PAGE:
Local News

Wake Board To Discuss Ways To Ease Overcrowding In Schools

Posted October 19, 2004

— The Wake County School Board is expected to vote on the locations for new modular schools on Tuesday.

The school system is out of space and leaders hope the modular mix will help with overcrowding until new schools are built.

"This is a way to deal with the kids we know are going to be knocking on our doors next year until we can come up with a long-term plan at a faster pace to meet the demands," school board chair Susan Parry said.

Faster than expected growth and new state guidelines on third-grade class size are creating a shortage of classroom space. Wake County schools are 5,000 to 6,000 seats short headed into the next school year.

The decision at the Oct. 5 school board meeting was to move ahead with a plan to build as many as three modular elementary schools plus a ninth-grade center for Wakefield High School.

Wildwood Forest Elementary and Lynn Road Elementary are being considered as possible locations.

Students would attend a modular school for a year or two before moving into a new school.

The school system is also expected to have a breakdown of where 168 mobile classrooms will end up, as well.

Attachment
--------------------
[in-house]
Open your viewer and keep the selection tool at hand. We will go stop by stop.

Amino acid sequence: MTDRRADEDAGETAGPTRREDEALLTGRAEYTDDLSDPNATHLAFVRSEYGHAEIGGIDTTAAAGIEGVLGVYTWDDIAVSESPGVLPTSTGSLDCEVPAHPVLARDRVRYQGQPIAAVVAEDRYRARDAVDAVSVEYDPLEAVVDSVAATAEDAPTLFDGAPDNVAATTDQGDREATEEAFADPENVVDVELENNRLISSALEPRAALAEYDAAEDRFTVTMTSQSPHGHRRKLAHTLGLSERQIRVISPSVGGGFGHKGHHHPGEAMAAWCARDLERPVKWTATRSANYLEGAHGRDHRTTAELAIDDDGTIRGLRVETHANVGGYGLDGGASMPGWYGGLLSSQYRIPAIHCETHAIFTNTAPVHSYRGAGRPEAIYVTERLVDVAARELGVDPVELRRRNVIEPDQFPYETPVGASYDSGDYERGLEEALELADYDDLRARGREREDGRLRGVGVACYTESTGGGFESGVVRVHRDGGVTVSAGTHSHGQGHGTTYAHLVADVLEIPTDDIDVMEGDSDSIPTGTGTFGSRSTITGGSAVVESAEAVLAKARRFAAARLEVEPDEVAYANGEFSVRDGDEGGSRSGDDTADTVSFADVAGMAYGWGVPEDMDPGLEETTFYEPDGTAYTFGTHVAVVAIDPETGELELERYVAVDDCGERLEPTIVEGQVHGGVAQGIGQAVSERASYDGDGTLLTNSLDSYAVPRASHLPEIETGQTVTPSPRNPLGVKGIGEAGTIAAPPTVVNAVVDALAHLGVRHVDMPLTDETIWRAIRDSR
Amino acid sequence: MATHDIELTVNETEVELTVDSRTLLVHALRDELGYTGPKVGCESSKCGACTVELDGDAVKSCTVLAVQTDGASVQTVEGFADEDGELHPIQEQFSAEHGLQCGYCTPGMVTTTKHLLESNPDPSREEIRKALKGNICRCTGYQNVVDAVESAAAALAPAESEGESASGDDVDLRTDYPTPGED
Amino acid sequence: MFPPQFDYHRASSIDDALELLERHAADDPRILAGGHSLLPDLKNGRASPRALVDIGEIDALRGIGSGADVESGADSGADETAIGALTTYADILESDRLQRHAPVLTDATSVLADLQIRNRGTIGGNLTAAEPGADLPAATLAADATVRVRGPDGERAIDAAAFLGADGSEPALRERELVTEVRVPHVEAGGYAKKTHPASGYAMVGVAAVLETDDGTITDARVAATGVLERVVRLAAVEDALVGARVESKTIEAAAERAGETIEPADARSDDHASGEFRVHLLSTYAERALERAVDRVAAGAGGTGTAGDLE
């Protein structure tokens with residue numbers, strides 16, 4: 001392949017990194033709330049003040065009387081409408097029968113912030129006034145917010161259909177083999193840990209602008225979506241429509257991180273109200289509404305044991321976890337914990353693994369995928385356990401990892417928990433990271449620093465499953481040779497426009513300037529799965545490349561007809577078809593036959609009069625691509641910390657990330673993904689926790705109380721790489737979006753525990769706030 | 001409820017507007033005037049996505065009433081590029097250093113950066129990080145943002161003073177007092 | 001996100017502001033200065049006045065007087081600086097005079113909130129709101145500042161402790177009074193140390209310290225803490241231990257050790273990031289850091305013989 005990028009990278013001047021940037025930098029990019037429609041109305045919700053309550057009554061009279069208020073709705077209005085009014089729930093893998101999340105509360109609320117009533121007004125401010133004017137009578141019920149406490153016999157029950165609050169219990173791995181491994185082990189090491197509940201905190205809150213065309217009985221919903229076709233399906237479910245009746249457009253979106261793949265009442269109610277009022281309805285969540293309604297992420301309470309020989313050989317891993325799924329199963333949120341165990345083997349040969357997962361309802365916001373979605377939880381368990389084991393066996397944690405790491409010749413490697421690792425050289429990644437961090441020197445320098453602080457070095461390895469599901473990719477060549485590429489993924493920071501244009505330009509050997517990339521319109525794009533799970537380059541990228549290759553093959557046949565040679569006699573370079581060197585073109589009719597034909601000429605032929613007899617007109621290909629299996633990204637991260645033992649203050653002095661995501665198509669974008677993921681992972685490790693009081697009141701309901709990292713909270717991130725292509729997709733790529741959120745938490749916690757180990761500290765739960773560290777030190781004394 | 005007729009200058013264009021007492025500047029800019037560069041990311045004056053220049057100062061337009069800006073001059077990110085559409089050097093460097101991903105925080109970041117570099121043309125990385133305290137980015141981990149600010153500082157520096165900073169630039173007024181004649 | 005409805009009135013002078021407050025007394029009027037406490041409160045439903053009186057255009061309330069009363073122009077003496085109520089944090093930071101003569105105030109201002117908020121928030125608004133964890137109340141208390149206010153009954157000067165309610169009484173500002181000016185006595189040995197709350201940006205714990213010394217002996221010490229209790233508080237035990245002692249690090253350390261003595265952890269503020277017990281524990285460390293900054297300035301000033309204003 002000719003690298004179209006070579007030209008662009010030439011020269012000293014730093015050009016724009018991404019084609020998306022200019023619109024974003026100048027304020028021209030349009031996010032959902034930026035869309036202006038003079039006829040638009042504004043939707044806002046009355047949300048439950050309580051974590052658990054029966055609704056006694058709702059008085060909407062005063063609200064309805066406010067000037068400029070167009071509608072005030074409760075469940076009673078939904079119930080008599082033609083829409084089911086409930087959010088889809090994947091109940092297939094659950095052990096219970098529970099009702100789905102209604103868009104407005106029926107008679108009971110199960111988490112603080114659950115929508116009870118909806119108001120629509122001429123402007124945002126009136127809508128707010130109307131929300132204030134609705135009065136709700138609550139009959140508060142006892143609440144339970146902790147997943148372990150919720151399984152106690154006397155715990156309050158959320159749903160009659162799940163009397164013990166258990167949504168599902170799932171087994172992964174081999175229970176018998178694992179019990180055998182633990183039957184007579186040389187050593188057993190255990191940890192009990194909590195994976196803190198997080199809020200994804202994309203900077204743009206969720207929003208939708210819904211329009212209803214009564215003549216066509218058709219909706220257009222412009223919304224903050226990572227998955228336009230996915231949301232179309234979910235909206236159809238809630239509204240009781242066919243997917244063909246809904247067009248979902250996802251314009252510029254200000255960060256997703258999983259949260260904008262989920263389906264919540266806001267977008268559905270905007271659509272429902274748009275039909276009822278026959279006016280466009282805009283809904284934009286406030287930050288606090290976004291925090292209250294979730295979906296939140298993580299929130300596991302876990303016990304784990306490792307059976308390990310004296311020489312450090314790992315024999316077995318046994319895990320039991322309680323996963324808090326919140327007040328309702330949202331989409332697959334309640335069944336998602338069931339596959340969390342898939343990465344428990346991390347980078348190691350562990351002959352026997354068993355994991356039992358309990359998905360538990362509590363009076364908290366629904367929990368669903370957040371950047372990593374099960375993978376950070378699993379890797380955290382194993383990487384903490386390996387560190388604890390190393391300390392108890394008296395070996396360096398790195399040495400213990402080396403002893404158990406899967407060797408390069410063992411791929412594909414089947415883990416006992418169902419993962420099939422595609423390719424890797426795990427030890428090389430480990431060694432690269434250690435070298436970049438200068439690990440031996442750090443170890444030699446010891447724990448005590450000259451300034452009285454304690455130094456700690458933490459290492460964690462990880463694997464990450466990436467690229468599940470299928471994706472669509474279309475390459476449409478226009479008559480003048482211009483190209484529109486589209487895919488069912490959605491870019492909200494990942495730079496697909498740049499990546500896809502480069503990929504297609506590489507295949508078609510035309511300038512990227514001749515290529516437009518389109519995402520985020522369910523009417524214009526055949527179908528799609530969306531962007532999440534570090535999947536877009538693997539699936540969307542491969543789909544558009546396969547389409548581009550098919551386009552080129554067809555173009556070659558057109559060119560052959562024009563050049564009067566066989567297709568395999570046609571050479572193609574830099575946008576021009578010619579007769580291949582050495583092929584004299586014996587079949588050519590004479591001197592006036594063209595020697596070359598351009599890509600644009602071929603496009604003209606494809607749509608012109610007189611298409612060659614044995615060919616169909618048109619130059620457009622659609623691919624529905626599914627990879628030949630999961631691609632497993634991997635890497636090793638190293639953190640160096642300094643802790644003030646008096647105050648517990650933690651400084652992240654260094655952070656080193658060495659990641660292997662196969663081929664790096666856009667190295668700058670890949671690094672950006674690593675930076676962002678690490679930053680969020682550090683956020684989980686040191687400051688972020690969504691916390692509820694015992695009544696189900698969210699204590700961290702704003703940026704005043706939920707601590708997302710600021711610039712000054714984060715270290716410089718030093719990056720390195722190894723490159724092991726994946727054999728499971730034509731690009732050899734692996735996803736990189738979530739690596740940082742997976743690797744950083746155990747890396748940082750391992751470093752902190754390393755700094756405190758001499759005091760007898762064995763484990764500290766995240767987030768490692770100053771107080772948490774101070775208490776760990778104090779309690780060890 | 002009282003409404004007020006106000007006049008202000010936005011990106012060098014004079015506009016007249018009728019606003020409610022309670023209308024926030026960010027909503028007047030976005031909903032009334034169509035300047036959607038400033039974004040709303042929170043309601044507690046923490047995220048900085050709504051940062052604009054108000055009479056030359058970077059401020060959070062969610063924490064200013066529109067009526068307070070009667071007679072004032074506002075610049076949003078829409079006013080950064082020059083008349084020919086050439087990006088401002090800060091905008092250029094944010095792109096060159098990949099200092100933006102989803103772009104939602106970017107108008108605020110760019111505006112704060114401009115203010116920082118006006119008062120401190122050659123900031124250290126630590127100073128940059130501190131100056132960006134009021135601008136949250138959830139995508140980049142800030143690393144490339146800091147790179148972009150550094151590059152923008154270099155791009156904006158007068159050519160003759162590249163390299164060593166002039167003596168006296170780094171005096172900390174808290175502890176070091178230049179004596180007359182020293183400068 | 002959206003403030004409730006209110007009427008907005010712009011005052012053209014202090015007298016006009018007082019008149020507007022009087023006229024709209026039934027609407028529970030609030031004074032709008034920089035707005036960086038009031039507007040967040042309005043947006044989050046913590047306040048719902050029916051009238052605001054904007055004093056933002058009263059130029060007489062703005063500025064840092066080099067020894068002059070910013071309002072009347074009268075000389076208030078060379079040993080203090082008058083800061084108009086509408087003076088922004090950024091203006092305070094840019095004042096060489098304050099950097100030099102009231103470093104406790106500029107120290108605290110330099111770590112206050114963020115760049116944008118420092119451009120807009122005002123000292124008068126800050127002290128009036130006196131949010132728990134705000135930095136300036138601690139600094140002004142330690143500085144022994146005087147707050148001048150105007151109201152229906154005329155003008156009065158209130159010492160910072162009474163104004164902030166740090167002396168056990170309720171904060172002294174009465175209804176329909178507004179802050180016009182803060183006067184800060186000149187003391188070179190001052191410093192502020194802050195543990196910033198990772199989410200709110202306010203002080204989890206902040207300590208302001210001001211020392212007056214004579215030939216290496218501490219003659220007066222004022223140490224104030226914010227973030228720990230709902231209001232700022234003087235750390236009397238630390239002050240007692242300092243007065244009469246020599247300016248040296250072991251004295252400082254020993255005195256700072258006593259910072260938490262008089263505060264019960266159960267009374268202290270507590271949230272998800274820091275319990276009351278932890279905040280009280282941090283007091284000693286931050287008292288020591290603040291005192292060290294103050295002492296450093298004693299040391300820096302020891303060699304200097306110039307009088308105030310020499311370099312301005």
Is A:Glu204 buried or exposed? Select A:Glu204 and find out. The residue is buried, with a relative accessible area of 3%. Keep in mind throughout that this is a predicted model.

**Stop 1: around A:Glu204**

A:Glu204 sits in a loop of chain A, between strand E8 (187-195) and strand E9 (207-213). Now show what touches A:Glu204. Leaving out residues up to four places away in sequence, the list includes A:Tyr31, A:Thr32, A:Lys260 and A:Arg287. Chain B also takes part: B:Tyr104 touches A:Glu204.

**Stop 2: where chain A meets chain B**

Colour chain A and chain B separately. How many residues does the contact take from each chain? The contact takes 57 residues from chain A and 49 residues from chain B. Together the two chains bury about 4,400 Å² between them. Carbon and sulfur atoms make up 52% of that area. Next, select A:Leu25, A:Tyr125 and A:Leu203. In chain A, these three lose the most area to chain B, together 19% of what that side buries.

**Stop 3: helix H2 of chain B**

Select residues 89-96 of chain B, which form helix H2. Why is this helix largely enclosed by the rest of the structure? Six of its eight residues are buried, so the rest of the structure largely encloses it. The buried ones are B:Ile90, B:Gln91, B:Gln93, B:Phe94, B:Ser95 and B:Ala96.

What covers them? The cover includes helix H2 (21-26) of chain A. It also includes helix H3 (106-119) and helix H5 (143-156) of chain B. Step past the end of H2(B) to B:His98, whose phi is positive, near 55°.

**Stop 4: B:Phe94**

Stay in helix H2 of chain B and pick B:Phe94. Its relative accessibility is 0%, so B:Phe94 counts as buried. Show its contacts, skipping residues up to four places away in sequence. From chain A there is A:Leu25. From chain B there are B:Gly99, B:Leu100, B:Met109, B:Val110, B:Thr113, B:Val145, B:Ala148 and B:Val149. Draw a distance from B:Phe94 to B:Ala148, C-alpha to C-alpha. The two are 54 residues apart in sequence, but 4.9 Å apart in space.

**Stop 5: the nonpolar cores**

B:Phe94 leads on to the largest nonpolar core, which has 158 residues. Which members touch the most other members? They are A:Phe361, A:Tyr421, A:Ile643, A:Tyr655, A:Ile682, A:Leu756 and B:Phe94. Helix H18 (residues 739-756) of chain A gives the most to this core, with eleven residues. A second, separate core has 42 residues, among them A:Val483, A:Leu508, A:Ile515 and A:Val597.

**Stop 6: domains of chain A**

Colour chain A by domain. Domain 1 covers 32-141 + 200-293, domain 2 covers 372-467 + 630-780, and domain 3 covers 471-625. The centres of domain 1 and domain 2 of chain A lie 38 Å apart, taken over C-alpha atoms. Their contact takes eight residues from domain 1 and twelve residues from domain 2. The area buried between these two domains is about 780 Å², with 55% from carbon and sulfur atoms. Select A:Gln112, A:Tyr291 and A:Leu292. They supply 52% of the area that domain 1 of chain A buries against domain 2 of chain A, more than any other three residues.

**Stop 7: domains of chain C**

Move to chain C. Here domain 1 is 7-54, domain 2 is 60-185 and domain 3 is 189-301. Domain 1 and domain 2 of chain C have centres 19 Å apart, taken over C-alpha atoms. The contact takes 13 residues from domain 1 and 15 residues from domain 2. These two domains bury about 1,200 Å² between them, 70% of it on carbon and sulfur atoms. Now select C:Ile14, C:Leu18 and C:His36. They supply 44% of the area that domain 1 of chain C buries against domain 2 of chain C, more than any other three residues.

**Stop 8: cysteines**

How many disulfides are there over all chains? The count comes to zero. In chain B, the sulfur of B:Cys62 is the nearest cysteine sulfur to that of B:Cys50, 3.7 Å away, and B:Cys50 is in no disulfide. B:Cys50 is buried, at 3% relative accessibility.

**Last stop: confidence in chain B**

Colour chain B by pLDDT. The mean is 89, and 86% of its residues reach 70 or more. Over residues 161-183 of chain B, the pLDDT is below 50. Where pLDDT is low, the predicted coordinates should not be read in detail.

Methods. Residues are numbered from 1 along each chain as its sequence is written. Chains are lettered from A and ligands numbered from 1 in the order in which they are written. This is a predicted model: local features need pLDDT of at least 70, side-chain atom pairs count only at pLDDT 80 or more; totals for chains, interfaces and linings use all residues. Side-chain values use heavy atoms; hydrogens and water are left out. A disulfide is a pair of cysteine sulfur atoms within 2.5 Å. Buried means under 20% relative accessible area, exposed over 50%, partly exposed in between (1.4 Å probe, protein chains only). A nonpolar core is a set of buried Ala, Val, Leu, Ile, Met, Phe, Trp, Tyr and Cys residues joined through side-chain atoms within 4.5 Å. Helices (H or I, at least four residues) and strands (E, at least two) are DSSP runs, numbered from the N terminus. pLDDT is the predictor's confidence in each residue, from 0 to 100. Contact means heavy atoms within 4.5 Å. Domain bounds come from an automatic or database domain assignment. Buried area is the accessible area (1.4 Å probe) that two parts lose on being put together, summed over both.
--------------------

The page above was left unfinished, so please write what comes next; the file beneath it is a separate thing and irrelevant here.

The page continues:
Board members will vote on the $34.4 million cost and then ask county commissioners to release the funds from PLAN 2004, the bond issue that passed last year.

"The voters have approved $1 billion to build new schools to have new permanent seats. The public expects permanent seats for their children," Bryan said.

Some parents are concerned that the proposal means delaying or even derailing new construction and renovations. Eastern Wake Parents are losing money to renovate their high school and land to house a new middle school.

"People in eastern Wake County are being denied funding and access to better schools. It's got to stop," parent Stephen Ammons said.

A total of

12 meetings are scheduled

through November.

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